The average American spends more than 11 hours each day on electronic media, according to Nielsen. This includes time watching live TV, listening to the radio, using smartphones and surfing the Internet. Get away from your usual settings and your electronics, and go to a play, concert, movie or sporting event. Live entertainment often delivers a more memorable and stimulating experience because you have to be in the moment. Plus, it puts you with other people who share your particular interest. Here are just a few live entertainment ideas to get you started:
Seeing your favorite band can be exhilarating, says the Canadian entertainment site, The Come Up Show. Music is almost always consumed through a device, notes writer Sativa Jones, but being in a concert connects you with “raw energy” that is rarely delivered through an iPod. In addition, Lauren Hill, writing for Lifehack, explains that the excitement of concerts provides a “lightness of spirit” that can last for days. They provide happy memories and strengthen bonds between friends. They also, incidentally, burn calories from dancing and cheering, introduce fans to new music from opening acts, and are generally safe venues.
If concerts aren’t your thing, watch sporting events with other fans. People bond over teams, which is why so many season ticket holders become friends and why bars sponsor out-of-town game days for fans who live away from their teams.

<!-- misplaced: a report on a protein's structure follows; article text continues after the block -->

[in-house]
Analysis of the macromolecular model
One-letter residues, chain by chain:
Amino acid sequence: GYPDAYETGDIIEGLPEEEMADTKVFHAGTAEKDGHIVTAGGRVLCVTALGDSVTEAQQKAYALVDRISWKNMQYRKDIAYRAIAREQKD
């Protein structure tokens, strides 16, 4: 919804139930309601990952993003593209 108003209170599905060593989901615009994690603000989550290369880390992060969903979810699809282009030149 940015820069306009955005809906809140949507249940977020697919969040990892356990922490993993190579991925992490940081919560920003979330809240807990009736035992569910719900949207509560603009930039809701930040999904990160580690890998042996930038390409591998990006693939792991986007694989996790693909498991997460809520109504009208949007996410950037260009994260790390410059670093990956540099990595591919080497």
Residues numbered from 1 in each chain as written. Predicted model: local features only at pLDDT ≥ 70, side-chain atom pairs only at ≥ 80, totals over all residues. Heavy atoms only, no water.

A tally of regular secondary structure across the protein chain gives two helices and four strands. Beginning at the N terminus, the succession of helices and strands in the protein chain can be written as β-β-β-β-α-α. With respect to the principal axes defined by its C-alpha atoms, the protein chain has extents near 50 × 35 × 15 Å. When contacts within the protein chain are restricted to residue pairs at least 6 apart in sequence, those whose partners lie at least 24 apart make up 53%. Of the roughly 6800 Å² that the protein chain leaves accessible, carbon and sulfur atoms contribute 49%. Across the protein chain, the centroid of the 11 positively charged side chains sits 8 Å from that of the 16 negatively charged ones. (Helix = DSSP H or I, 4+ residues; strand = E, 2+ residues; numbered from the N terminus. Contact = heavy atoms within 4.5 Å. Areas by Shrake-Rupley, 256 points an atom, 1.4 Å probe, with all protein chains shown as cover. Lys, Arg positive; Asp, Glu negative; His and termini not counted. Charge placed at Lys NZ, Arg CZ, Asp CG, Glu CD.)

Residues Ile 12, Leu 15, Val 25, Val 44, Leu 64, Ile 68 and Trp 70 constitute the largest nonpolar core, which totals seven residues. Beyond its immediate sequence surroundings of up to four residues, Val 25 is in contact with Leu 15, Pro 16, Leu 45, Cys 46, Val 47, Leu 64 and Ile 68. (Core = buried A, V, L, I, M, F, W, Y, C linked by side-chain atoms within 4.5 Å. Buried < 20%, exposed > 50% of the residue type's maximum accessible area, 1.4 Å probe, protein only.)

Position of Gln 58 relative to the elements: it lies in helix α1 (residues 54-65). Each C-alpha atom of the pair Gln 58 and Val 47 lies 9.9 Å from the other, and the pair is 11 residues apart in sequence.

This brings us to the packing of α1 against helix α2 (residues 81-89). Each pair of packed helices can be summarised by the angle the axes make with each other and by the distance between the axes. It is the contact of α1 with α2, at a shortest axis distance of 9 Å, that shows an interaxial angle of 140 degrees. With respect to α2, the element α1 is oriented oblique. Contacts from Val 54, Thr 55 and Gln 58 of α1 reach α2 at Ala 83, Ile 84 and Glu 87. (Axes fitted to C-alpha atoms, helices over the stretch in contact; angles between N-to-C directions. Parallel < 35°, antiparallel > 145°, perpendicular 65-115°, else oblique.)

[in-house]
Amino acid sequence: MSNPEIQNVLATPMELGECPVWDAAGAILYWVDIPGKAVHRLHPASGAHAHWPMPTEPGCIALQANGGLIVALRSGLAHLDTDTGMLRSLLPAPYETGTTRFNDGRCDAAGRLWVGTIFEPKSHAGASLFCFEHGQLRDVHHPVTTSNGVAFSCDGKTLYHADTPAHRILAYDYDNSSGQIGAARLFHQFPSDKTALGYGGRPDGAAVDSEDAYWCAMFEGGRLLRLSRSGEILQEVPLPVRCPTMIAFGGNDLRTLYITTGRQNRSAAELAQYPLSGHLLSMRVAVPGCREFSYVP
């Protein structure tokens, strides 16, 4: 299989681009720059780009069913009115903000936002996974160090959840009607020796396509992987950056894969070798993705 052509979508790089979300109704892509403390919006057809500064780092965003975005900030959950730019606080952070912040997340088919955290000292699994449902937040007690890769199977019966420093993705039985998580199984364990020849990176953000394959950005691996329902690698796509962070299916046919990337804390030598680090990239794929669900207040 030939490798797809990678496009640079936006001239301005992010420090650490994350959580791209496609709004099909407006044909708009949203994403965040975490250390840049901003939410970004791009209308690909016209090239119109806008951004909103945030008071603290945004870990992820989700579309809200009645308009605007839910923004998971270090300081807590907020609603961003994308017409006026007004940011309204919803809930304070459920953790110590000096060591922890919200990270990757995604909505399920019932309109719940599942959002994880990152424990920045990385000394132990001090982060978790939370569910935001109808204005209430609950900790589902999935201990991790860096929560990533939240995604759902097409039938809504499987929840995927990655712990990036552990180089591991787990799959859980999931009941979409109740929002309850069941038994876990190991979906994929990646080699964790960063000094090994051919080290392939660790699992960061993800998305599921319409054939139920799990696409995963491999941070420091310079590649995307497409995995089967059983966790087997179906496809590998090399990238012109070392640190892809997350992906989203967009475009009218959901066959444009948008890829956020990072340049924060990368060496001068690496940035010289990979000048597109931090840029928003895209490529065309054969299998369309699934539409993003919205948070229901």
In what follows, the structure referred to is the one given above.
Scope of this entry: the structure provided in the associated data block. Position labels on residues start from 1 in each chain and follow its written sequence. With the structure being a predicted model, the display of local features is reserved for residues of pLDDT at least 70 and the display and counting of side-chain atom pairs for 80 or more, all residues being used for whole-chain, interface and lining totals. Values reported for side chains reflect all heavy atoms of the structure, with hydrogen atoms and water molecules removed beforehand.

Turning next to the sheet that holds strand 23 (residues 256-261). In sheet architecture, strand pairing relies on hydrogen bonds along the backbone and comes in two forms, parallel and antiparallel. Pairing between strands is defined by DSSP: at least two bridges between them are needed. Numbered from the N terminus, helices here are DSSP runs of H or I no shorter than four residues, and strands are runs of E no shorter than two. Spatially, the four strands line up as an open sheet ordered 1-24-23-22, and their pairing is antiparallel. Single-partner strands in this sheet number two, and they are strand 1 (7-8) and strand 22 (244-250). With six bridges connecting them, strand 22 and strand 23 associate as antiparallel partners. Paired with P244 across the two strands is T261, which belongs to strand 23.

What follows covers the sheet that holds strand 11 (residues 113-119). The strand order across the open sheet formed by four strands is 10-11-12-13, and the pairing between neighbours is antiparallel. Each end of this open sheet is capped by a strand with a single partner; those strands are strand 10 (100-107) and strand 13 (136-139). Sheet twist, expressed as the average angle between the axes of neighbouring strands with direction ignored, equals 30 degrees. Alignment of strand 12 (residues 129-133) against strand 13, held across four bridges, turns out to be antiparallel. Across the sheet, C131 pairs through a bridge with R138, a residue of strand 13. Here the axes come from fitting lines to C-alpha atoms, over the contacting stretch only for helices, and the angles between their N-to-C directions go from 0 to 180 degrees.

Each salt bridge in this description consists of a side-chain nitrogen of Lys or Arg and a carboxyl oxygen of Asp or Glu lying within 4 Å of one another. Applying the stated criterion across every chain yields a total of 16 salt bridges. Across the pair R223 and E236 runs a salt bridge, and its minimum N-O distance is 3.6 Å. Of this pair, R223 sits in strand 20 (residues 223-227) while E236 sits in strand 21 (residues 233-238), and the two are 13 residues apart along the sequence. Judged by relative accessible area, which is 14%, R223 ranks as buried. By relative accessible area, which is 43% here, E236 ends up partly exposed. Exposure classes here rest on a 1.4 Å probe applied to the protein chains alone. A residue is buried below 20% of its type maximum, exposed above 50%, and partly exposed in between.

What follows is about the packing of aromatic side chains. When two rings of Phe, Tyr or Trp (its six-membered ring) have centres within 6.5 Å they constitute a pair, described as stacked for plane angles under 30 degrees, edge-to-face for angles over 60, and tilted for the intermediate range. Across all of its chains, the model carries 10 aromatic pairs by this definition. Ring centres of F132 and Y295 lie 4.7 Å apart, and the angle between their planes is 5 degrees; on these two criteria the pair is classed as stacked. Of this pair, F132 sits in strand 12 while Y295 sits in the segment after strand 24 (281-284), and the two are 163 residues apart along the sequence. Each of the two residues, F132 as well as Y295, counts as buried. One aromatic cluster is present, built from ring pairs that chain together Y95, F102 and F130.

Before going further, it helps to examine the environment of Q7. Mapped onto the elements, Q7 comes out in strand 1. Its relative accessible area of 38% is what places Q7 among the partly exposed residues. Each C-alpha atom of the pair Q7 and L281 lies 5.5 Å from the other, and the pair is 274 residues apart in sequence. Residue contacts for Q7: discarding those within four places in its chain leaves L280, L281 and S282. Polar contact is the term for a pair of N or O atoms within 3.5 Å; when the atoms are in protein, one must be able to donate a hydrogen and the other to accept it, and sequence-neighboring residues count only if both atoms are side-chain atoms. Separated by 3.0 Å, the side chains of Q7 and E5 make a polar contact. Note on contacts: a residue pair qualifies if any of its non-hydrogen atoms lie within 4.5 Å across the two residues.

Plays and Movies
Another alternative is to go out to see a play. This is a great way to see big-name actors on Broadway, such as Hugh Jackman, Zachary Quinto and Frank Langella. Plays are a great place to connect with others because its success depends on the actors and audience feeding off each other. This may be why most plays are generally presented to a few hundred people at most. The smaller crowd allows actors to pick up audience cues and create a collaboration between the actors onstage and the audience, explains Actors Equity president Nick Wyman.
Although it’s not quite the same as going to a live performance, going out to see a movie is far more active than dialing one up on Netflix. Highly-anticipated films like “Star Wars” and “The Hunger Games” are community events for their fans, so join in on the fun by dressing up for a midnight premier or going with a group of friends.
No matter what you decide to do, know that achieving a healthy balance between work and leisure is good for your business and your health. Taking time off is the secret to increasing productivity, according to Entrepreneur’s Joe Robinson. Just like overworked muscles, your brain starts to experience fatigue after three hours of nonstop work. So, take the time to slow down, relax and unplug from your busy life. And who knows? Entertainment may be just what the neurons ordered.
This post is by Ruth Ann Monti, who provides copywriting and content development for all things webby. Her interests include content development and small business issues, including the technologies that support them.